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Vocabulary Practice

A. In pairs, find the adjectives the writer uses to describe the words in the list.


§ The islands

§ The sky

§ Wellington

§ The sea

§ The clouds

§ The mountains

§ The boats

§ The town

§ The people


The islands: remote, sister rocky, lofty

b. Explain the italic words the writer uses to refer to the senses. Which sense does each word refer to? Streamers murmur (hearing)

 

Active vocabulary


Cabin

First (second) class cabin

Fare

Luggage

Seaport

Harbour

Steamer

Landing stage

Gangway

Deck

quay [ki:]

To moor

To be sea-sick

To be (bad) good sailor

To weigh the anchor

captain’s bridge

Lighthouse

Liner

Sailing ship

Life-boat

To cast the anchor

To raise the anchor

To be (lie) at the anchor


 

Exercise 1. With the words above make up dialogues on topic travelling by ship. Tell your group mates about your sea voyages, advantages and disadvantages. If you have never sailed, would you like to try?

 

Exercise 2. Put the comparative and superlative form of the adjectives in brackets.

The sinking of the Titanic is one of 1) the most famous (famous) shipwreck stories of all times. The Titanic was said to be 2) ______ (safe) ocean liner ____ the world. When it set sail, all the cabins were full, from _______ (expensive) to 4) ______ (cheap) ones on the lower deck. Some of 5) ______ (rich) people _____ the world set sail for America on one of 6) ______ (long) and 7) _________ (dangerous) crossings attempted by such a liner. The captain was one of 8) _____

(good) , but he made a big mistake which caused hundreds of deaths. As they sailed on, The going became 9) ________ (difficult). Suddenly the captain saw an iceberg ahead but, by then, it was too late to do anything. They sailed 10) _______ (close) until finally they hit it. Everyone rushed to the lifeboats. Some survived, but many died. The survivors said it was 11) _______ (frightening) experience ____ their lives and they felt like 12) ________ (lucky) people on earth to have survived.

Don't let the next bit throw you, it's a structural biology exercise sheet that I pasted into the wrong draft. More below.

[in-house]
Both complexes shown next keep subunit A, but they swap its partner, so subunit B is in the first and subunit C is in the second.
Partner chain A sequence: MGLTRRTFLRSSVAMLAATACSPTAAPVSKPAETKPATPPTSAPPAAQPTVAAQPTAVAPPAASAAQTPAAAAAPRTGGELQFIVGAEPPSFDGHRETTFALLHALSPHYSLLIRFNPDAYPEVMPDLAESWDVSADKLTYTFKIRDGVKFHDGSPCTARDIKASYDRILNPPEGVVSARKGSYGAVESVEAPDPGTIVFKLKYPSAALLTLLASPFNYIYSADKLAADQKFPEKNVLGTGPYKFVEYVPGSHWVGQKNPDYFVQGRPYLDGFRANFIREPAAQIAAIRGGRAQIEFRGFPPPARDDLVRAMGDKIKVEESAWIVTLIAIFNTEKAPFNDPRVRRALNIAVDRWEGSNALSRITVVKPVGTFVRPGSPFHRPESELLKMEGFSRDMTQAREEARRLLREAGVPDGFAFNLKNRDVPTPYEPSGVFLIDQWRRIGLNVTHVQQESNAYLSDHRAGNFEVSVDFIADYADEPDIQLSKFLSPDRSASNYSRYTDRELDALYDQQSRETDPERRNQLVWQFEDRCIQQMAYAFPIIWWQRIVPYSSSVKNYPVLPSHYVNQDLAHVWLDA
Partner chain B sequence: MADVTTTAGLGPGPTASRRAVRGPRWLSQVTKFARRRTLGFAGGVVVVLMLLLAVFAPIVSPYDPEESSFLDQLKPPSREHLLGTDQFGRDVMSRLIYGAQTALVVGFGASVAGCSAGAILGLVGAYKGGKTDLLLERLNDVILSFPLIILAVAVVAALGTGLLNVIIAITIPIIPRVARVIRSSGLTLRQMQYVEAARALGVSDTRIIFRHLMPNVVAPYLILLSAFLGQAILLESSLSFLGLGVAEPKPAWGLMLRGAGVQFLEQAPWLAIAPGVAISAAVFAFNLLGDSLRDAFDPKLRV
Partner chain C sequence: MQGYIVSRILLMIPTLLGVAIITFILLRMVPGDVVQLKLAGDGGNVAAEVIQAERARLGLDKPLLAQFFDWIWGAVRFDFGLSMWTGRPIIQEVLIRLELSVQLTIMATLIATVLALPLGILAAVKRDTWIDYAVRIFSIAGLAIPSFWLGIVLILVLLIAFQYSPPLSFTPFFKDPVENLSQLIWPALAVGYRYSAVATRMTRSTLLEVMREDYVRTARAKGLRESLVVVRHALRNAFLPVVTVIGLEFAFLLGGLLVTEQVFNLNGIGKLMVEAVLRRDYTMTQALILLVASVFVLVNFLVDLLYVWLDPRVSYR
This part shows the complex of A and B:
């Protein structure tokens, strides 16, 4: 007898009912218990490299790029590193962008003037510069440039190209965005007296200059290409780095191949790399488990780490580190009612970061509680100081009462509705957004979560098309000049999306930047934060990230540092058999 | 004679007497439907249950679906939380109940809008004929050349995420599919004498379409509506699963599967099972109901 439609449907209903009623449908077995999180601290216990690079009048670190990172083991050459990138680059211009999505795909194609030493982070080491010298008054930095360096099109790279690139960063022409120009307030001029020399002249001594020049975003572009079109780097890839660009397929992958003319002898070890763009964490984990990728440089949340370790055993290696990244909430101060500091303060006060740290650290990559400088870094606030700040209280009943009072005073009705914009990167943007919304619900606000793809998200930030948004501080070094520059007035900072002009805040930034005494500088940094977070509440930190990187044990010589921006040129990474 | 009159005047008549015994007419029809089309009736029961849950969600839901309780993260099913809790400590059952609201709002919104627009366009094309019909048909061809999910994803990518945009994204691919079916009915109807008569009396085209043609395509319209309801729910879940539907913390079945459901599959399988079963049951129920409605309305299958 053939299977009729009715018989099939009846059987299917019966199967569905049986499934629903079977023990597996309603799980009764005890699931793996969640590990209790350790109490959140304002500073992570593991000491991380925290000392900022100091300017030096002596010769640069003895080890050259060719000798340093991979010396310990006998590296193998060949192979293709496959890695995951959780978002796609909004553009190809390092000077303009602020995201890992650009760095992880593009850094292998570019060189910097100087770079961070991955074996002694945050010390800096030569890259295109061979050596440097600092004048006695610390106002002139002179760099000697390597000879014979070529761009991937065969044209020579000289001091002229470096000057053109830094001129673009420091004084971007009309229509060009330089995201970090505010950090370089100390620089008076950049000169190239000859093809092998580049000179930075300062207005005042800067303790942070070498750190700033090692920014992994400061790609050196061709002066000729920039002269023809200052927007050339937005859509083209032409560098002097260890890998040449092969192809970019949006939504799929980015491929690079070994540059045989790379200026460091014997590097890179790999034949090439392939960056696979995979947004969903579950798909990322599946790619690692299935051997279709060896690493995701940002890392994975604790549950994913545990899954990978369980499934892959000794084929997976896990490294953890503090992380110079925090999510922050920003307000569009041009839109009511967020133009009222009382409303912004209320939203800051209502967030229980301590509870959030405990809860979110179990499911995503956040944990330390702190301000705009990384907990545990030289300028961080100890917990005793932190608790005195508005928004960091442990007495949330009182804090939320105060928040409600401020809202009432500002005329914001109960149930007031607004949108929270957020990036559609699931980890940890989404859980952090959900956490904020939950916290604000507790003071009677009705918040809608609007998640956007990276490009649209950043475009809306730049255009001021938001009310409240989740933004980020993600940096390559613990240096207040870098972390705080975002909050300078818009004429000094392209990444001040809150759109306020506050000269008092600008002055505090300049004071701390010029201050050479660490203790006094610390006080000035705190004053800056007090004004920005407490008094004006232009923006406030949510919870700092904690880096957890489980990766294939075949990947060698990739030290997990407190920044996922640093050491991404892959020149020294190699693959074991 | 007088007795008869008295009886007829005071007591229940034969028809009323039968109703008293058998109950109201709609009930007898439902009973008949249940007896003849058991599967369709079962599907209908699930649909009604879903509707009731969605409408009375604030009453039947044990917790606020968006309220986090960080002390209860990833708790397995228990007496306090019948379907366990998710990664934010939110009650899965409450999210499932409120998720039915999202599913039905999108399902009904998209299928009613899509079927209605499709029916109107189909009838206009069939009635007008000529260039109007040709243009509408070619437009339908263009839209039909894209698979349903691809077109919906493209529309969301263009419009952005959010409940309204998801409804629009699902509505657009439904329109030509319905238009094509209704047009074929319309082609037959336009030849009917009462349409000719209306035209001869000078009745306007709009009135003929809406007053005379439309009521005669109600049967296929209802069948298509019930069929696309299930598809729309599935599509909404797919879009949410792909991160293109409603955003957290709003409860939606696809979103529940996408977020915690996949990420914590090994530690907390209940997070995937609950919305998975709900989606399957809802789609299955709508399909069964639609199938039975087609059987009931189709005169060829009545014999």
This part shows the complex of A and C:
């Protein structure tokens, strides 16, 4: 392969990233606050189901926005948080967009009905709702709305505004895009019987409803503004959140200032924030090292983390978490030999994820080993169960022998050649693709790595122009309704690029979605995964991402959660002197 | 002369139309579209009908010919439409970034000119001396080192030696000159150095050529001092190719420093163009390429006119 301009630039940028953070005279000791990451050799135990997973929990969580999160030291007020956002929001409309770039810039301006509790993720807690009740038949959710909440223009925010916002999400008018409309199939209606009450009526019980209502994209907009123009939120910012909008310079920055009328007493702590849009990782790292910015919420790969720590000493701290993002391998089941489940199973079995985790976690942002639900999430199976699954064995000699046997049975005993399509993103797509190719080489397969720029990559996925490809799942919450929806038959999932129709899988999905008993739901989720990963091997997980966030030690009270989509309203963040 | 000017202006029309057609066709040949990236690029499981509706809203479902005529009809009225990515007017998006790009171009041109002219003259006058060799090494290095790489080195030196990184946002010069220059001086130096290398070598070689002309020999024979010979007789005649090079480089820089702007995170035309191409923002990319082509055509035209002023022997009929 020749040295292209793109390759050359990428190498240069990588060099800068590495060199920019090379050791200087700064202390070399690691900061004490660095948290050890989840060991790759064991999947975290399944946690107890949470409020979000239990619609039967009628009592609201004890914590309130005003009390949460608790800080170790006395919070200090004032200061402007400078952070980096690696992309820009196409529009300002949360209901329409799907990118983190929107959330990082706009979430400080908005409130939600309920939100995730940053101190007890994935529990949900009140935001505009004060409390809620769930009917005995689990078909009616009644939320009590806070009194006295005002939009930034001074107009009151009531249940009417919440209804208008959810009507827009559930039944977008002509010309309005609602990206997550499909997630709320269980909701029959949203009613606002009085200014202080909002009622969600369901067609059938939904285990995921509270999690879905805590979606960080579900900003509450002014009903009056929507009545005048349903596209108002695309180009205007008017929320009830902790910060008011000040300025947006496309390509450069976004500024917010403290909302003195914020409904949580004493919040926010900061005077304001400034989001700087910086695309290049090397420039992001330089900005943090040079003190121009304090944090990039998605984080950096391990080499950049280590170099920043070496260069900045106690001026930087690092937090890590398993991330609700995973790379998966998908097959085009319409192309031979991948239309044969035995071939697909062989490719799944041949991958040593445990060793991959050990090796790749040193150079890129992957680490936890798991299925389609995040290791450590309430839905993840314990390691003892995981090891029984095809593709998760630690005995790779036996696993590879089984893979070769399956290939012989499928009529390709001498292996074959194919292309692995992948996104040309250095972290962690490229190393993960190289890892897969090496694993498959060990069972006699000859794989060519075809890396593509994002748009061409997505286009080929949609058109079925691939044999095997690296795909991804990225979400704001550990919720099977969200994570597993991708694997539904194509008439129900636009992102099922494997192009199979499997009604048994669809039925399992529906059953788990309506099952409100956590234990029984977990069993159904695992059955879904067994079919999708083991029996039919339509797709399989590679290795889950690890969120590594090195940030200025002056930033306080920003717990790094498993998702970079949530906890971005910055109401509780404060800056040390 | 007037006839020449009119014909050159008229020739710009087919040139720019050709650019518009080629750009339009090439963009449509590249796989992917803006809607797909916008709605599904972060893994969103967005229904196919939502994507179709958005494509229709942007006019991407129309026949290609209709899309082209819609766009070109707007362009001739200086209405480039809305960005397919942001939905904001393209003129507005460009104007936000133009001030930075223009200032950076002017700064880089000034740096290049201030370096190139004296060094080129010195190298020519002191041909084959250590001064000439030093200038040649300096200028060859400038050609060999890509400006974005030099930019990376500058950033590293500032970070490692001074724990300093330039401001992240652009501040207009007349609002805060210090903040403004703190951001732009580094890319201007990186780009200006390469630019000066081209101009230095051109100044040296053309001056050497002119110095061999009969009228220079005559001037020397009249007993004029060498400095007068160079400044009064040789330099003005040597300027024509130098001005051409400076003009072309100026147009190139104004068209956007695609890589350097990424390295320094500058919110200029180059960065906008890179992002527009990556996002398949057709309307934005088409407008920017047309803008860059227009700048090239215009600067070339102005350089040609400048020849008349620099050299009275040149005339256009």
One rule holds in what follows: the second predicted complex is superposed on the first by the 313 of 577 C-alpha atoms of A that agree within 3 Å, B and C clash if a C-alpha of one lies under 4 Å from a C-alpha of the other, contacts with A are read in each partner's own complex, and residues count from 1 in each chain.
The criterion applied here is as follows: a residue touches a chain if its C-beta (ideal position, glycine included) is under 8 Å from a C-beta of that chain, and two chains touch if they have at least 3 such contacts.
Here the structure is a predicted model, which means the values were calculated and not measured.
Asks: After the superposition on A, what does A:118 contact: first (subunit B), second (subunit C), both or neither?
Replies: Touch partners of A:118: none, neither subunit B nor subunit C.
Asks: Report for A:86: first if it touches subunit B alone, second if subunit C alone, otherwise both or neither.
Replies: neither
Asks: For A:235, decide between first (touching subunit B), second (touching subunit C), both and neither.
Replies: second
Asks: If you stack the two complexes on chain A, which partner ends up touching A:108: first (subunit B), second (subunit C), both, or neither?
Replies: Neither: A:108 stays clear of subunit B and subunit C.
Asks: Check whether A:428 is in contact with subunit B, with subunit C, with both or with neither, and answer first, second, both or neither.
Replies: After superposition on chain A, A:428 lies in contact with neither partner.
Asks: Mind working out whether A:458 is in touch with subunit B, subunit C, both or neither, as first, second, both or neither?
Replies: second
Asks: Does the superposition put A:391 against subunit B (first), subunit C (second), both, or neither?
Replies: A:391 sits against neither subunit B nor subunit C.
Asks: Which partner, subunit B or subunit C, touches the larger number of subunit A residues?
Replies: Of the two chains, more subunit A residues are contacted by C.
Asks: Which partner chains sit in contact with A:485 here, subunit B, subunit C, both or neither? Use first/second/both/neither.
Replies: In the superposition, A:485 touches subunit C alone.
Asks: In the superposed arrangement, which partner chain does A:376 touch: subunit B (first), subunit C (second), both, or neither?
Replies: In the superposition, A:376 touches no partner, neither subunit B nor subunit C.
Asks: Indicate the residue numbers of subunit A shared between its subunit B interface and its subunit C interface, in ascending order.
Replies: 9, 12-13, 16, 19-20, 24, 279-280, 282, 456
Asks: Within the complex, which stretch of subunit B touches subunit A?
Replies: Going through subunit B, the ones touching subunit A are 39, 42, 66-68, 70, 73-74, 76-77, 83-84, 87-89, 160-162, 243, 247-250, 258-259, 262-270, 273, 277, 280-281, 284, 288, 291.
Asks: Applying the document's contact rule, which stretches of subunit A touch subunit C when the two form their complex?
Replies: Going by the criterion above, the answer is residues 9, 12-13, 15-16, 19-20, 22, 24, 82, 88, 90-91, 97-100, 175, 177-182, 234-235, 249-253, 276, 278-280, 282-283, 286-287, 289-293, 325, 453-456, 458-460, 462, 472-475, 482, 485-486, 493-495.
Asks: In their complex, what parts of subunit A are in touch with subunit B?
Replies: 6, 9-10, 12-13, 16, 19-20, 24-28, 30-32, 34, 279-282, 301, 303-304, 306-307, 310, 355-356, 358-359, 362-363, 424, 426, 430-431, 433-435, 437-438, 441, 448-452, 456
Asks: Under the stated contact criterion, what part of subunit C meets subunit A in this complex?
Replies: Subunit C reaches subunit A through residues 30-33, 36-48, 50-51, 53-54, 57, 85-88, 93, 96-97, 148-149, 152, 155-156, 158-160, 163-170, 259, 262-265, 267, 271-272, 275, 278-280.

SPEAKING: Do you consider travelling by ship or steamer dangerous means of transport? Take examples from history, the voyages of Titanic and Costa Concordia as sample. Watch 3 videos: Retracing Titanic, Titanic Memorial Cruise, Titanic Shipyard, they’ll help you to acquire some knowledge. Discuss these videos in small groups and make a summary.

Travelling on foot

Phrasal verbs with BE, COME, GET, GO, or TAKE

 

Exercise 1. Complete these sentences by adding the correct verb from the box. In some cases, you’ll need to change the tense or form of the verb.

 

Be about; be for; be like; come back; come from; come off; get back; get in; get up; go away; go on; go with; take back; take down; take off;



 


1. “There was a strange bird in the garden the other day.” “What wasit like?” “It was grey with long legs and a long beak.”

2. “Do you like my new green-and-white T-shirt?” “Well, it’s very nice, but it doesn’t really _________ your pink-and-orange trousers.”

3. I lost the key to my apartment, so I had to _________ through the window.

4. I bought a mobile phone, but it didn’t work, so I ________ it ____ to the shop and they gave me another one.

5. I asked my father where the babies __________, and he said “the Maternity Hospital”.

6. Leave my house at once, and never __________!”

7. As I was walking down the stairs, I met a man who wasn’t there. He wasn’t there again today: Oh, how I wish he’d _________!

8. “Right now, I am reading a book called Fermat’s Last Theorem.” “How interesting. What ______ it_______?” “I have no idea!”